In re I.A.

Decision Date23 July 2021
Docket NumberNo. 118,802,118,802
Citation491 P.3d 1241
CourtKansas Supreme Court
Parties In the MATTER OF I.A.

Michael J. Bartee, of Michael J. Bartee, P.A., of Olathe, argued the cause and was on the briefs for appellant.

Andrew J. Jennings, assistant district attorney, argued the cause, and Stephen M. Howe, district attorney, was with him on the briefs for appellee.

The opinion of the court was delivered by Luckert, C.J.:

About 19 years after a district court judge adjudicated I.A. as a juvenile offender and sentenced him, I.A. filed this appeal in which he challenges the validity of those proceedings. I.A. recognizes he needed to file a notice of appeal within 10 days of his sentencing and that appellate courts lack jurisdiction over untimely appeals. But he asserts due process and procedural fairness require us to hear his out-of-time appeal. This assertion rests on the proposition that the judge should have informed him of his right to appeal. But no constitutional provision, statute, or decision of this court directs a judge to inform a juvenile offender of the right to appeal. Without a provision to enforce, I.A. must show that the lack of a procedural right to have a judge tell him of the statutory right to appeal offends a fundamental principle of justice—that is, a principle rooted in the traditions and conscience of Kansans. I.A. does not meet this burden, and we dismiss his appeal for lack of jurisdiction.


In 1998, I.A. and some friends randomly shot BB pellets at motorists. I.A. was 17 years old. The State charged I.A. as a juvenile with aggravated battery; the State later amended the complaint to add eight more charges. I.A. eventually agreed to plead guilty to two counts of reckless aggravated battery in exchange for the State's dismissal of the remaining charges.

At a plea hearing, the district court advised I.A. of his rights listed in K.S.A. 38-1633(b). That statute requires a district court to inform a juvenile of certain rights before accepting a plea, including the right to a trial, the right against compelled testimony, and potential sentences. See In re B.S. , 15 Kan. App. 2d 338, 339, 807 P.2d 692 (1991). The statute did not, however, require the district court to inform a juvenile of the right to appeal. The district court adjudicated I.A. as a juvenile offender, sentenced him to probation for a year, and ordered restitution. I.A. satisfied the conditions of his probation, and the district court granted his release from its jurisdiction in November 1999.

About 19 years after his sentencing, I.A. filed a pro se request to file a direct appeal out of time. He argued the district court did not tell him of his right to jury trial or obtain a knowing and voluntary waiver of his rights.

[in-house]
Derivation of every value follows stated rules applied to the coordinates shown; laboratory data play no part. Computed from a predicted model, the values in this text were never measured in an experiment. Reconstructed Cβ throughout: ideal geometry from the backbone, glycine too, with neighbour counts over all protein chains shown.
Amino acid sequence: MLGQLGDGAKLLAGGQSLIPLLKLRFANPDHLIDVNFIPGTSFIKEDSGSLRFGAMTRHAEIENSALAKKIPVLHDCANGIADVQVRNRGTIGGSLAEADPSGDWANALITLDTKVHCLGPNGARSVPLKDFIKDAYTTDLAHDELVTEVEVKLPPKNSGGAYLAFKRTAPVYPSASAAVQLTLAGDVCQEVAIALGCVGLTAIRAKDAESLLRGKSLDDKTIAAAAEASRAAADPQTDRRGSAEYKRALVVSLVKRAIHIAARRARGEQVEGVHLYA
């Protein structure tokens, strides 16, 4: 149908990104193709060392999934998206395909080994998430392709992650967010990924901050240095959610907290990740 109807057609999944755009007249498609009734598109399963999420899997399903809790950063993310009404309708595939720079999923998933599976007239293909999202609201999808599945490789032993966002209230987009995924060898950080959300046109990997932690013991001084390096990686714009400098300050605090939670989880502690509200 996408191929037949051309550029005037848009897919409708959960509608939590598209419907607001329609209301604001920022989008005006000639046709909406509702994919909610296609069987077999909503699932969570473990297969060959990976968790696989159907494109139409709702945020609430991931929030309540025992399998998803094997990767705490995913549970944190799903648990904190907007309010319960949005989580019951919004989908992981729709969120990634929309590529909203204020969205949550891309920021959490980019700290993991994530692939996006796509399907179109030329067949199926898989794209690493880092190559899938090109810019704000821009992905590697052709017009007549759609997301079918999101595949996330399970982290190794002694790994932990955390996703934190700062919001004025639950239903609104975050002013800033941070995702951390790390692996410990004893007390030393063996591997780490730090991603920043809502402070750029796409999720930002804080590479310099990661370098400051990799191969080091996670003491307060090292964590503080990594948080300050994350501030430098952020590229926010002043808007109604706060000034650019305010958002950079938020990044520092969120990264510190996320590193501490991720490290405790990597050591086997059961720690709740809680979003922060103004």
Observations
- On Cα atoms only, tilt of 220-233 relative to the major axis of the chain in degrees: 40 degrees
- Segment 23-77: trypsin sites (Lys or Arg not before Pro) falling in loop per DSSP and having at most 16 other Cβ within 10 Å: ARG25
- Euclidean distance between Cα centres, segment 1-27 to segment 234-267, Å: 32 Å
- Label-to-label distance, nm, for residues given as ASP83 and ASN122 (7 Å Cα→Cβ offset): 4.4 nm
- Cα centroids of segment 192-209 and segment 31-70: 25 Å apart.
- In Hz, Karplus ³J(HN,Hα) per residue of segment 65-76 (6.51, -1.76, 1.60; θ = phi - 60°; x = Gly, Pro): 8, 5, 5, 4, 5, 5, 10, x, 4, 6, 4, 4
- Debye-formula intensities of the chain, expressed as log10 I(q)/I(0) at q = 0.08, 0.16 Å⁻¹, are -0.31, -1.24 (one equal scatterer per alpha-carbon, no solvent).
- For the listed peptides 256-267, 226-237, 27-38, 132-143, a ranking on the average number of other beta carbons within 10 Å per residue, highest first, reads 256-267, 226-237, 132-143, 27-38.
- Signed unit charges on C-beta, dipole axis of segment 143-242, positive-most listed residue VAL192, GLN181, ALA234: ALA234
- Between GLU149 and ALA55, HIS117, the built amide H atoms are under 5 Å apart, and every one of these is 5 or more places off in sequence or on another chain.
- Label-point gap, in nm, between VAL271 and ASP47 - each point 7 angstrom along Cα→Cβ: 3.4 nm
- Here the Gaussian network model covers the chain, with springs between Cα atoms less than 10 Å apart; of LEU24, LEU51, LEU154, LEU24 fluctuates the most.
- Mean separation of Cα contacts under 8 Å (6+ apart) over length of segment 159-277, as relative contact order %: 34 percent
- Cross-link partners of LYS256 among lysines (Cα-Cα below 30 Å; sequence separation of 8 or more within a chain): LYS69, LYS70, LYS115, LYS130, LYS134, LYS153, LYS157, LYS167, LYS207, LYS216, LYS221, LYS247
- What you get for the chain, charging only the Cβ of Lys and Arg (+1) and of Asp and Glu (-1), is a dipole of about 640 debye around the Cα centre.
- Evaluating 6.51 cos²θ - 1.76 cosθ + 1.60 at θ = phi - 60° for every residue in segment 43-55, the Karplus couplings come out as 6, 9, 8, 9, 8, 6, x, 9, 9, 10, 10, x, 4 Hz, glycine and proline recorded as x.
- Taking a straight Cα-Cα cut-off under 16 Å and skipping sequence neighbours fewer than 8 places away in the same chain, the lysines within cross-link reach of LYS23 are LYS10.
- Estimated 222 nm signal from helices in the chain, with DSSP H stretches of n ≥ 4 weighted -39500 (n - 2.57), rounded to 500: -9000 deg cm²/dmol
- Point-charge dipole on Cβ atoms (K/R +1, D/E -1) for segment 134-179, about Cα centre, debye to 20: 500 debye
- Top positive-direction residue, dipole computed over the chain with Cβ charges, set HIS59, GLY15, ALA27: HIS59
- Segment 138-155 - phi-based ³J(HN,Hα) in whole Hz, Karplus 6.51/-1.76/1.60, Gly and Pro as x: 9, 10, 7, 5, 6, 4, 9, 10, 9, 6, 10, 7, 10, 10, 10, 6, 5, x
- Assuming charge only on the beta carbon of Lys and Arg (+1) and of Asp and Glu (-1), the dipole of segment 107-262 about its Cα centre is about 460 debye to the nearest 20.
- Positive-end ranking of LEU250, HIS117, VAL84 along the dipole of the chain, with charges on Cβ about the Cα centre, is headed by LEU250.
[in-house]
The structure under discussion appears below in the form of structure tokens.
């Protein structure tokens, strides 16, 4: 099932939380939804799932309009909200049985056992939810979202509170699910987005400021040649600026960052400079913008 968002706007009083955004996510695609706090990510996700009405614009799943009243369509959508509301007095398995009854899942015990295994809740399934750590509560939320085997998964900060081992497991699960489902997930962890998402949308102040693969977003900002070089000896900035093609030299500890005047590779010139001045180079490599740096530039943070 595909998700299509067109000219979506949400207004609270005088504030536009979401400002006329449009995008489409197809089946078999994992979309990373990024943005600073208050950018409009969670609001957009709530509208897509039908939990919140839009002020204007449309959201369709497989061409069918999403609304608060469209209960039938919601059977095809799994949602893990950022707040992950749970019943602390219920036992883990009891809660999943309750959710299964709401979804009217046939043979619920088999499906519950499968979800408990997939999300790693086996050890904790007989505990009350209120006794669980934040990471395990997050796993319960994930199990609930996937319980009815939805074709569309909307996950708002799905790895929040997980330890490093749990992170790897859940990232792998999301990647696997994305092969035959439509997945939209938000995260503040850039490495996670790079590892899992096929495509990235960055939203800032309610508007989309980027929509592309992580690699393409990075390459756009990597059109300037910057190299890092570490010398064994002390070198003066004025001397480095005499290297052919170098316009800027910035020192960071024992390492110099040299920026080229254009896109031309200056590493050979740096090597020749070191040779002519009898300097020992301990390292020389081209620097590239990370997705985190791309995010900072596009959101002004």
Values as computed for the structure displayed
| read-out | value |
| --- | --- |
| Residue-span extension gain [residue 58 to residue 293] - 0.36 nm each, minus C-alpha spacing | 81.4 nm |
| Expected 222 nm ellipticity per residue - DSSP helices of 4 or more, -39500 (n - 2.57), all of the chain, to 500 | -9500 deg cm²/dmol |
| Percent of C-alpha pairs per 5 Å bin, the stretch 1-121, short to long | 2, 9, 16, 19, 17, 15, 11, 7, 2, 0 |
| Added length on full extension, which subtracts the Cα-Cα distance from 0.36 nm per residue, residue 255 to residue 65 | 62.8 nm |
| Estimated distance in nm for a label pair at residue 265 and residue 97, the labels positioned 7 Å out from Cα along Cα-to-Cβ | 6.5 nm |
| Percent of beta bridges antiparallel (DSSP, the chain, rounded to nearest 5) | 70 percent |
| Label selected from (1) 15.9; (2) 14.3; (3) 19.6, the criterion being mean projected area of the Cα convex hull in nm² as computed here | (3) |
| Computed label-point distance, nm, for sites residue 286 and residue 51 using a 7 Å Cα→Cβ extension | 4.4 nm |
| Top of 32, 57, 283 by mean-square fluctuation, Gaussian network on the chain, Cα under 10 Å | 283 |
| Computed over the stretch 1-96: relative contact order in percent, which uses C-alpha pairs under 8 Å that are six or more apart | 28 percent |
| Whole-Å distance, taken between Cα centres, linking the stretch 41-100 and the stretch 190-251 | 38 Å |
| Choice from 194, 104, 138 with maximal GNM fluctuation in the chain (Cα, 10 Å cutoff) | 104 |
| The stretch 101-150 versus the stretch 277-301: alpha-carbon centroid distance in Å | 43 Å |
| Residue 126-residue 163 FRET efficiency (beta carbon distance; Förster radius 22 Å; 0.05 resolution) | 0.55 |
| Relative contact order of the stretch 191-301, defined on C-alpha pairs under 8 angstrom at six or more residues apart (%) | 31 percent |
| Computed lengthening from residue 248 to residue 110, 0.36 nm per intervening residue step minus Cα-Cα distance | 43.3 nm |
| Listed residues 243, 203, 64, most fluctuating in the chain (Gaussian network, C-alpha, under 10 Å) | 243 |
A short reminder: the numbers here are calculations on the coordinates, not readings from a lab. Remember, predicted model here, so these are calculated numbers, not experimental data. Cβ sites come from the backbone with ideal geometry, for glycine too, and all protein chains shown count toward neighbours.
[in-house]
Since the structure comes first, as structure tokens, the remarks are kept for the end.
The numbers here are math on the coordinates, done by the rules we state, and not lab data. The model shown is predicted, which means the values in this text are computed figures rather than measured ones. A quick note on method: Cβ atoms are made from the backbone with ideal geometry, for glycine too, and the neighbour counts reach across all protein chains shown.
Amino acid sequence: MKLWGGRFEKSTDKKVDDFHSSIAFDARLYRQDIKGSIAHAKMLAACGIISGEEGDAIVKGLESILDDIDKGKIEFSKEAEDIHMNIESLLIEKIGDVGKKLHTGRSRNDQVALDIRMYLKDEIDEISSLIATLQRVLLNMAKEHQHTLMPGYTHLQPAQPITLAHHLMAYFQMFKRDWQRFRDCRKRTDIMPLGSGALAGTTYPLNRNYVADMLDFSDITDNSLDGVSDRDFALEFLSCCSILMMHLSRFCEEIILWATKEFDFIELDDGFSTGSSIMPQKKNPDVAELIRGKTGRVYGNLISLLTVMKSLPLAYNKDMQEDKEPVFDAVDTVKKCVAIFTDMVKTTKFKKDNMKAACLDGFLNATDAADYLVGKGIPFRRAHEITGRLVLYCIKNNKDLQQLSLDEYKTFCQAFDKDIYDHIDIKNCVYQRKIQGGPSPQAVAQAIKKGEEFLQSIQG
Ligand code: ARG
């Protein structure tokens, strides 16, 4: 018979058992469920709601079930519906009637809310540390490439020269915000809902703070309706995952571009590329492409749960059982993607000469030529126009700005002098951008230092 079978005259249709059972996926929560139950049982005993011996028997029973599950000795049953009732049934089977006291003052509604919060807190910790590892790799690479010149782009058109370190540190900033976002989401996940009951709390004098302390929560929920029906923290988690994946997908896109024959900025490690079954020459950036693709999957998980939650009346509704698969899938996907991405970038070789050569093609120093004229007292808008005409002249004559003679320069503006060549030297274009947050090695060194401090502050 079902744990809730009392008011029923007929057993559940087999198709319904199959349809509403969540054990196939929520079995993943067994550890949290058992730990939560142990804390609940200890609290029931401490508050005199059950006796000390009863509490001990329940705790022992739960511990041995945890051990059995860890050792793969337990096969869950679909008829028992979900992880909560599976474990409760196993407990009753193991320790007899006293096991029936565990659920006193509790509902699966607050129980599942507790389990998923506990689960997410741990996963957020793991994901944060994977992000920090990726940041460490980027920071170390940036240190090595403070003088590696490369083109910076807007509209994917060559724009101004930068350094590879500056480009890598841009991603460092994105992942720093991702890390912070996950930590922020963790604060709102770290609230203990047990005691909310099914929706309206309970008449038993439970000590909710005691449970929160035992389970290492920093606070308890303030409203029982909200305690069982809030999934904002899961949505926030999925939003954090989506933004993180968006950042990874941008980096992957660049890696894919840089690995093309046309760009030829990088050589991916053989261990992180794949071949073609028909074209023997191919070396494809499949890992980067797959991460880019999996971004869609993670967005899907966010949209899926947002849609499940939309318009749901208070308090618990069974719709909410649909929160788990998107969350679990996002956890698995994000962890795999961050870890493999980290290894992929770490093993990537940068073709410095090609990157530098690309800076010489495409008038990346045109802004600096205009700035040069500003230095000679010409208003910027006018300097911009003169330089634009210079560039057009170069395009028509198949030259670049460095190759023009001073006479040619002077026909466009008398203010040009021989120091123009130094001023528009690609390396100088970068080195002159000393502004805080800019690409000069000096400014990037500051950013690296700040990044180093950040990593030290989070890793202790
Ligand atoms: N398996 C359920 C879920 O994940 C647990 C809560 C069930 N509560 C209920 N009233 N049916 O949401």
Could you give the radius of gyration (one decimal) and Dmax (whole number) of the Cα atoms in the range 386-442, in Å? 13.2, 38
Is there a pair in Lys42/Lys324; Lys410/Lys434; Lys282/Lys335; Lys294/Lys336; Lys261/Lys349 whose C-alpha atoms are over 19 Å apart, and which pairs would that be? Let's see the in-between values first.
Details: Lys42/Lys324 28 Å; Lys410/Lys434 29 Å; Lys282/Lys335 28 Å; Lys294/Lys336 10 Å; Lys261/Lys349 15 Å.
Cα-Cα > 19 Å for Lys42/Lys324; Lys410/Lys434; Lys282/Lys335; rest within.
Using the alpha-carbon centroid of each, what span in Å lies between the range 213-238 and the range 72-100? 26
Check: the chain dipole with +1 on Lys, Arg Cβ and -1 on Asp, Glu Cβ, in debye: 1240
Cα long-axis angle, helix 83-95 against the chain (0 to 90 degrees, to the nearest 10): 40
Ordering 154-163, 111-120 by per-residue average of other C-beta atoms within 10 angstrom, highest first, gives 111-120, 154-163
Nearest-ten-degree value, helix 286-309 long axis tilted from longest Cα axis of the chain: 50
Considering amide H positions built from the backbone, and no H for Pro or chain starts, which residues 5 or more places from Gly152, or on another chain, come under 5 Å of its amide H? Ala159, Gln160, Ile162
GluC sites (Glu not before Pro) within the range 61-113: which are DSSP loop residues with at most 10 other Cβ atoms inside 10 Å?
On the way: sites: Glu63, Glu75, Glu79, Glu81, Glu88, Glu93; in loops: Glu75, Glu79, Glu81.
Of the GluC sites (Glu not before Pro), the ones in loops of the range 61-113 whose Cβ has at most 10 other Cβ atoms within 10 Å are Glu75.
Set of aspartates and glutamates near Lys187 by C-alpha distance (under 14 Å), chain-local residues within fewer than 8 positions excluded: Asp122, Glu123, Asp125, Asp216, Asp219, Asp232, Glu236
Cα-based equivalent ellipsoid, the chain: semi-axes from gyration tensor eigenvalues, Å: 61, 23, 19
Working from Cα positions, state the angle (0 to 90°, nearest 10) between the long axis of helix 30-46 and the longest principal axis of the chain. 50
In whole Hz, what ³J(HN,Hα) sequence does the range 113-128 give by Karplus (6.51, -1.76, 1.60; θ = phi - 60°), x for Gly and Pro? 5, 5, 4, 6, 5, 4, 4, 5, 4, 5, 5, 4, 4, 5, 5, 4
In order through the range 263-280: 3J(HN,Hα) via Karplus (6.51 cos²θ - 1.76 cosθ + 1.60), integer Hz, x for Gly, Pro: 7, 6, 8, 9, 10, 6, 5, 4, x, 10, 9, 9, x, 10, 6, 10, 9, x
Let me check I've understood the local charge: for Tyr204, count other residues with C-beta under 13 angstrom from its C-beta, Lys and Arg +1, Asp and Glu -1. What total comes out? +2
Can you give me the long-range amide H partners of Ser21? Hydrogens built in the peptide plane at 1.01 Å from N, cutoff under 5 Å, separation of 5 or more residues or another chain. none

The Court of Appeals issued a show cause order directing the parties to explain why the appeal should not be dismissed for lack of jurisdiction because of the untimely notice of appeal. I.A., through court-appointed counsel, argued the judge had not informed I.A. of his right to appeal when it adjudicated him as a juvenile offender. He thus argues his appeal falls under the first exception allowing a late appeal recognized in State v. Ortiz , 230 Kan. 733, Syl. ¶ 3, 640 P.2d 1255 (1982). Ortiz held adult criminal defendants could file late appeals in three circumstances; we often call these circumstances the Ortiz exceptions. The second and third exceptions are rooted in the right to effective assistance of counsel. 230 Kan. 733, Syl. ¶ 3, 640 P.2d 1255. I.A. did not base his arguments on either of those exceptions. Instead, he relies on the first exception. That exception rests on concepts of procedural due process arising from "[t]hree Kansas statutes [that] provide specific procedural safeguards of the right to appeal by certain criminal defendants." State v. Patton , 287 Kan. 200, 219, 195 P.3d 753 (2008). These statutes require district court judges to inform criminal defendants of their right to appeal and their right to have appointed counsel for an appeal. 287 Kan. at 219, 195 P.3d 753.

Because the first Ortiz exception applies only if a judge does not follow the directive of these statutes, I.A.'s argument depended on evidentiary proof that the judge had not announced his right to appeal. The Court of Appeals, which does not itself make factual findings, remanded I.A.'s claim to the district court for fact-finding. Back in district court, I.A. asked for a transcript of the plea and sentencing hearing. But the court could not produce a transcript. A court reporter explained that she made a good-faith effort to transcribe the 19-year-old audio cassette tapes used to record the plea hearing but was unable to do so. The district court judge then conducted a hearing after which the judge made a factual finding that the judge adjudicating I.A. as a juvenile offender in 1998 had not advised him of his right to appeal.